Monday Meme

Megan McArdle has the idea of going to your Amazon history and seeing what the first thing you ordered was.

Apparently, I did not mess around. I ordered:

Whatever Happened to the Hall of Fame? : Baseball, Cooperstown, and the Politics of Glory by Bill James. This is still the gold standard for HOF discussions and I re-read bits of it frequently.

The Law by Frederic Bastiat. This is one of the books that has guided my political philosophy.

The Tenth Insight : Holding the Vision : Further Adventures of the Celestine Prophecy by James Redfield. This was a gift for my sister, who is into new-age crap.

The Death of Common Sense : How Law Is Suffocating America by Philip K. Howard. Howard is someone conservatives should pay more attention to. He’s a progressive who believes in government and is incredibly frustrated with the way it is hamstrung by too many rules, too little authority and no accountability. It isn’t often I site a progressive as a big influence, but Howard is.

The Crying of Lot 49 : A Novel (Perennial Fiction Library) by Thomas Pynchon. Read on the advice of my English major girlfriend of the time. Not a bad read.

Lost Rights : The Destruction of American Liberty by James Bovard. Bovard is a radical libertarian even by my standard. But he has credibility on the subject since he has gone after both Democrats and Republicans. A compilation of constitutional abuses that is enraging. This is a big part of the reason I am against the War on Drugs and was instantly suspicious of the excesses in the War on Terror.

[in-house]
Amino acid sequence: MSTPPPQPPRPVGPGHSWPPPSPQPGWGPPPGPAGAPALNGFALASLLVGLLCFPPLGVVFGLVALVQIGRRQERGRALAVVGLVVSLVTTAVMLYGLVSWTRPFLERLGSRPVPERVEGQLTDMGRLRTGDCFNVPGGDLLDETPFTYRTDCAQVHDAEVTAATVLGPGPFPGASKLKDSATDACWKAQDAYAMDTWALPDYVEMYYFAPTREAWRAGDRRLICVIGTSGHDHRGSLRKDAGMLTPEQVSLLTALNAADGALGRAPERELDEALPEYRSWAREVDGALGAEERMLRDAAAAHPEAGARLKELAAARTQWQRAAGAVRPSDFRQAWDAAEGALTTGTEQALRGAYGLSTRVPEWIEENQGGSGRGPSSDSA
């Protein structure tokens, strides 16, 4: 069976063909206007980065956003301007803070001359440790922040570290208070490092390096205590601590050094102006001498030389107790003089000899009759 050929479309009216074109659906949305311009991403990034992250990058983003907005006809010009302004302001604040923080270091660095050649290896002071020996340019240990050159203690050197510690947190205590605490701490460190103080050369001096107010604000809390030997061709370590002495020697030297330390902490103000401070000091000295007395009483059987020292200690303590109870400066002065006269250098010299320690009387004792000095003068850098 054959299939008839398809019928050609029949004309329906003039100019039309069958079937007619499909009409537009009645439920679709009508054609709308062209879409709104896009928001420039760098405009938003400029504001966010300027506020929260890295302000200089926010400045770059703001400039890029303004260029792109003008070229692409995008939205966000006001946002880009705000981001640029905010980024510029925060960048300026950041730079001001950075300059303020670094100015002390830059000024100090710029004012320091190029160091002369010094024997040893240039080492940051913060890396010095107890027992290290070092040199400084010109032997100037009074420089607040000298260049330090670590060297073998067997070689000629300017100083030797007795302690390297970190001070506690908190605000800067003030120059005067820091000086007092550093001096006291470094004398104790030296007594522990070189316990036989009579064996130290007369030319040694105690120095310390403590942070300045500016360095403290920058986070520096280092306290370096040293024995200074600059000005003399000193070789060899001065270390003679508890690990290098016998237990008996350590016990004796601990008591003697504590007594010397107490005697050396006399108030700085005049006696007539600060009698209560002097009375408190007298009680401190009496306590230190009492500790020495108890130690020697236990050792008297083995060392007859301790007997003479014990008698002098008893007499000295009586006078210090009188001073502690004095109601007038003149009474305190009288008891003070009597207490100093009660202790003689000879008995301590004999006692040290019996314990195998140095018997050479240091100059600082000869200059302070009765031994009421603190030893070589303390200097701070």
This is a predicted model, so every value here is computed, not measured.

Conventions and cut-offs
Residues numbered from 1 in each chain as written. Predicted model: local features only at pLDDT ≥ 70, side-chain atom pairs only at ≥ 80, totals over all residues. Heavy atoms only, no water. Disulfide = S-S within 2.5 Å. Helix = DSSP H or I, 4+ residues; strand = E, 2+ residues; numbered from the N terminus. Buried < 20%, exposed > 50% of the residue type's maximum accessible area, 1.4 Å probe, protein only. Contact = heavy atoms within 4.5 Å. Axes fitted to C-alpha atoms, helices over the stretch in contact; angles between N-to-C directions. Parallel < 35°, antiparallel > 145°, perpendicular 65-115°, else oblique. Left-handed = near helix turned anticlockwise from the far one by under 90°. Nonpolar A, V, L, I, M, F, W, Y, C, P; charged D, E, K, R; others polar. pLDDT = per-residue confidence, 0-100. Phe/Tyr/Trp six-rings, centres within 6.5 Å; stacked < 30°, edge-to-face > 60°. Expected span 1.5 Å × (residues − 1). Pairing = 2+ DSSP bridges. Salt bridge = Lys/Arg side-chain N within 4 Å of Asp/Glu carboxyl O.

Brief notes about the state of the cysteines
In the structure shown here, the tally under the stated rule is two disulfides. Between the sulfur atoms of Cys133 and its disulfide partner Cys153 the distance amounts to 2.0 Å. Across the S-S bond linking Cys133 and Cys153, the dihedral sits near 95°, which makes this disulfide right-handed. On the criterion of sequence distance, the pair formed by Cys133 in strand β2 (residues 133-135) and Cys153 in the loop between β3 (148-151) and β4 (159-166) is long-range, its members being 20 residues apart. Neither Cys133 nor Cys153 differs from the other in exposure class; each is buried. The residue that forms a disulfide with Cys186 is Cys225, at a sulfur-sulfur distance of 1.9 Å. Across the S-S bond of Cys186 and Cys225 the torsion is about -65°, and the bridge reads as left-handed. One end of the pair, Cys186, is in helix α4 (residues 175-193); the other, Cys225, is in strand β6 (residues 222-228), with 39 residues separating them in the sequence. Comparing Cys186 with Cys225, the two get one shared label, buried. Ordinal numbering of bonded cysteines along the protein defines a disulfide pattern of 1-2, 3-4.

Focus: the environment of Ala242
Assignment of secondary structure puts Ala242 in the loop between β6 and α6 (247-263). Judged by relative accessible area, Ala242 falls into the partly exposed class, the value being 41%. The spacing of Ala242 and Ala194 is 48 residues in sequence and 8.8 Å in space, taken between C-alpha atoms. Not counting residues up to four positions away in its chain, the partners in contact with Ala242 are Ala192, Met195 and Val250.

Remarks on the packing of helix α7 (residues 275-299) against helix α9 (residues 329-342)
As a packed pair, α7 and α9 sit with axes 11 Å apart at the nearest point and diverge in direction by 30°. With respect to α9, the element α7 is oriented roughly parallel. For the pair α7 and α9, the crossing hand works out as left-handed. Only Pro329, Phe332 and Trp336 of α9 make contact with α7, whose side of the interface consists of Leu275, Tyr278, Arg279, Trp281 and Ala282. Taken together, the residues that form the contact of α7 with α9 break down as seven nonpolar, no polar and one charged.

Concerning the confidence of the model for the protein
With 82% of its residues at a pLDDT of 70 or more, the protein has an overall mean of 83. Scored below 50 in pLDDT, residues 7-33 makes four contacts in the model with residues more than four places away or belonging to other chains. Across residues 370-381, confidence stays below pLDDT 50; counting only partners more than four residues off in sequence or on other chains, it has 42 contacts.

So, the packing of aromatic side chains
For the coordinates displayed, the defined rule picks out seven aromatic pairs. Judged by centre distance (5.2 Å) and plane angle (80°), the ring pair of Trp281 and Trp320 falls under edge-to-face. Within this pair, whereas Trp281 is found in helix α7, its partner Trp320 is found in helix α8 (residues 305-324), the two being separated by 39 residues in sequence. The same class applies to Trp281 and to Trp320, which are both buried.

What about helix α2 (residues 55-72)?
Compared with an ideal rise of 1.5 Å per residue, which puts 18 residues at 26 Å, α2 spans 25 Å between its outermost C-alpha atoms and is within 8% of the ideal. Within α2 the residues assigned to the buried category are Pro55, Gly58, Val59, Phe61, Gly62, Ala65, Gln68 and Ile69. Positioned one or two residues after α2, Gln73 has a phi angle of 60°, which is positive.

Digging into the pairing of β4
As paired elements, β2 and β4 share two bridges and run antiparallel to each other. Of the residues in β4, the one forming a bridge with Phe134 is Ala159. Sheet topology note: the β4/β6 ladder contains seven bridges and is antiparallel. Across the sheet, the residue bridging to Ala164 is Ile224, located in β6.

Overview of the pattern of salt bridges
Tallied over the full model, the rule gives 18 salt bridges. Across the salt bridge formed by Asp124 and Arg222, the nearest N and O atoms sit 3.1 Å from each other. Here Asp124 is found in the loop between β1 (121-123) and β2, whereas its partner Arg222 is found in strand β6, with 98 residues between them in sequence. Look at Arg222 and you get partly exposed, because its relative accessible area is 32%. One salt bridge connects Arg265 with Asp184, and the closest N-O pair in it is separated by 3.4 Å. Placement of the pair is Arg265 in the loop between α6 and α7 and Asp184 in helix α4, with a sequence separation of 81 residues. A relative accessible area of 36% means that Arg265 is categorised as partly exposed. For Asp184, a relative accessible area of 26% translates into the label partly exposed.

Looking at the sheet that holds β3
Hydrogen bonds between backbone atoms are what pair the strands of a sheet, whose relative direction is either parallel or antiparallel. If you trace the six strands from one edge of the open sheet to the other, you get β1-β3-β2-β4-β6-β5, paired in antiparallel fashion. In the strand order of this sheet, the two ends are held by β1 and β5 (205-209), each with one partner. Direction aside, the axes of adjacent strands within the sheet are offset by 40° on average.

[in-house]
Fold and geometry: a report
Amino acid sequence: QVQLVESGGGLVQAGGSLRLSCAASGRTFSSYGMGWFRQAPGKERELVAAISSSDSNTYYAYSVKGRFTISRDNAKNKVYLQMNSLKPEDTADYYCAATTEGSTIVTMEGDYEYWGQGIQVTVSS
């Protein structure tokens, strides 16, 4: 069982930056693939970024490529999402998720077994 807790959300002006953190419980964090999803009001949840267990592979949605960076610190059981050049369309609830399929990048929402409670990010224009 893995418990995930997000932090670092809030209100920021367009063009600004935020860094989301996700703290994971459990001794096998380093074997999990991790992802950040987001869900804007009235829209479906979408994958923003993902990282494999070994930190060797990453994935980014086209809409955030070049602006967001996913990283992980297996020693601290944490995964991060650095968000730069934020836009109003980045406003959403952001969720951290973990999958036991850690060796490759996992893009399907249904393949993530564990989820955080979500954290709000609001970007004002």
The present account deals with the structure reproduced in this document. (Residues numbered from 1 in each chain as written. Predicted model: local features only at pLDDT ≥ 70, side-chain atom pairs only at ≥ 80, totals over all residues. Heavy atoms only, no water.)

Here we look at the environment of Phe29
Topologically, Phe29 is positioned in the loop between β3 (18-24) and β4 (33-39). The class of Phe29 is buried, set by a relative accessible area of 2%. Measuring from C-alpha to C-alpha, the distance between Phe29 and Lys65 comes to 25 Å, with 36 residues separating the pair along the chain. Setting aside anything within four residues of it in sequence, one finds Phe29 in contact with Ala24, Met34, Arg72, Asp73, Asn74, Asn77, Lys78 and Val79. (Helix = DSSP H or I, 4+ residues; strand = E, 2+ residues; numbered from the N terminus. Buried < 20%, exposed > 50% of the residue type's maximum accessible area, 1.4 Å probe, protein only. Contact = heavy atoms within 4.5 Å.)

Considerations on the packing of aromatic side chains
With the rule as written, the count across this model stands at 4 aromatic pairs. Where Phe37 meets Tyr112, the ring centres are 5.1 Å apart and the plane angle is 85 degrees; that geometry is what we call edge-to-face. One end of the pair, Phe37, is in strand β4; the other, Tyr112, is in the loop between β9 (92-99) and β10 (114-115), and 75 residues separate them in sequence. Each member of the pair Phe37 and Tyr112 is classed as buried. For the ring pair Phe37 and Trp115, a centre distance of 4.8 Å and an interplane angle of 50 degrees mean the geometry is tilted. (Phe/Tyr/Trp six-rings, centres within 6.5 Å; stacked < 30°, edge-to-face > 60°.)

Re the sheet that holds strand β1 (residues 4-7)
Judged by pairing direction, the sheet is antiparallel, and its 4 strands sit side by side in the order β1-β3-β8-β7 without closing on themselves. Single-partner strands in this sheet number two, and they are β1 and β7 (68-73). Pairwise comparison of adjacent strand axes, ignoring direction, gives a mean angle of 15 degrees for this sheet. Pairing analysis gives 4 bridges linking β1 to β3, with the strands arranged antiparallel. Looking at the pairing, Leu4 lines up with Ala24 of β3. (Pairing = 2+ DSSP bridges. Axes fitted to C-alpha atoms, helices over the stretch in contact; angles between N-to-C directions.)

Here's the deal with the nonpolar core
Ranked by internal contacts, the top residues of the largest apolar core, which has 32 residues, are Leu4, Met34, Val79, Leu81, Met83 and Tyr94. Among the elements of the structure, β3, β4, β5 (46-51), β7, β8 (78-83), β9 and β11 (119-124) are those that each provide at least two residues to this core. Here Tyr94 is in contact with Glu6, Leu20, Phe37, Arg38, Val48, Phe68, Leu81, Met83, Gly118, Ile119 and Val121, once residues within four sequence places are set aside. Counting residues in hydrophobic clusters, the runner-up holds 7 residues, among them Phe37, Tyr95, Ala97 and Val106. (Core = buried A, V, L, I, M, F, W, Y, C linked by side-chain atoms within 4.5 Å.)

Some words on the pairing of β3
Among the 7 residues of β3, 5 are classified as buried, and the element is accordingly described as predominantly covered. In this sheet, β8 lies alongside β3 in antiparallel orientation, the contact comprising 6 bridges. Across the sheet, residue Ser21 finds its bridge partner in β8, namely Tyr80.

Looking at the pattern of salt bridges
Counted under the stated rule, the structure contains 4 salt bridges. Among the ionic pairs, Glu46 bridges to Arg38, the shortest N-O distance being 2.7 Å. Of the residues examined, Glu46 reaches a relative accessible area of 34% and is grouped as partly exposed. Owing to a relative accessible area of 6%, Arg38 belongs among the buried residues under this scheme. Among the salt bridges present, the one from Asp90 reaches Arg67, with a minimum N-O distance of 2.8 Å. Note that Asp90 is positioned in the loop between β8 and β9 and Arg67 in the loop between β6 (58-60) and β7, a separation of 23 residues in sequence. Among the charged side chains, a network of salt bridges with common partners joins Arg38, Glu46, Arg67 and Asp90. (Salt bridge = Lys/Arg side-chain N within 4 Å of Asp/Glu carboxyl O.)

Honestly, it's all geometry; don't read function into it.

Slow Learner : Early Stories by Thomas Pynchon. A gift for said English major girlfriend.

Fear and Loathing : On the Campaign Trail 72 by Hunter S. Thompson. Kind of long but an interesting insight into the ’72 election from a radical liberal.

Looking over that list, I must say that I hit the jackpot on my first Amazon order. Of the five books I ordered for myself, all were good and at least three have been critical to my thinking.

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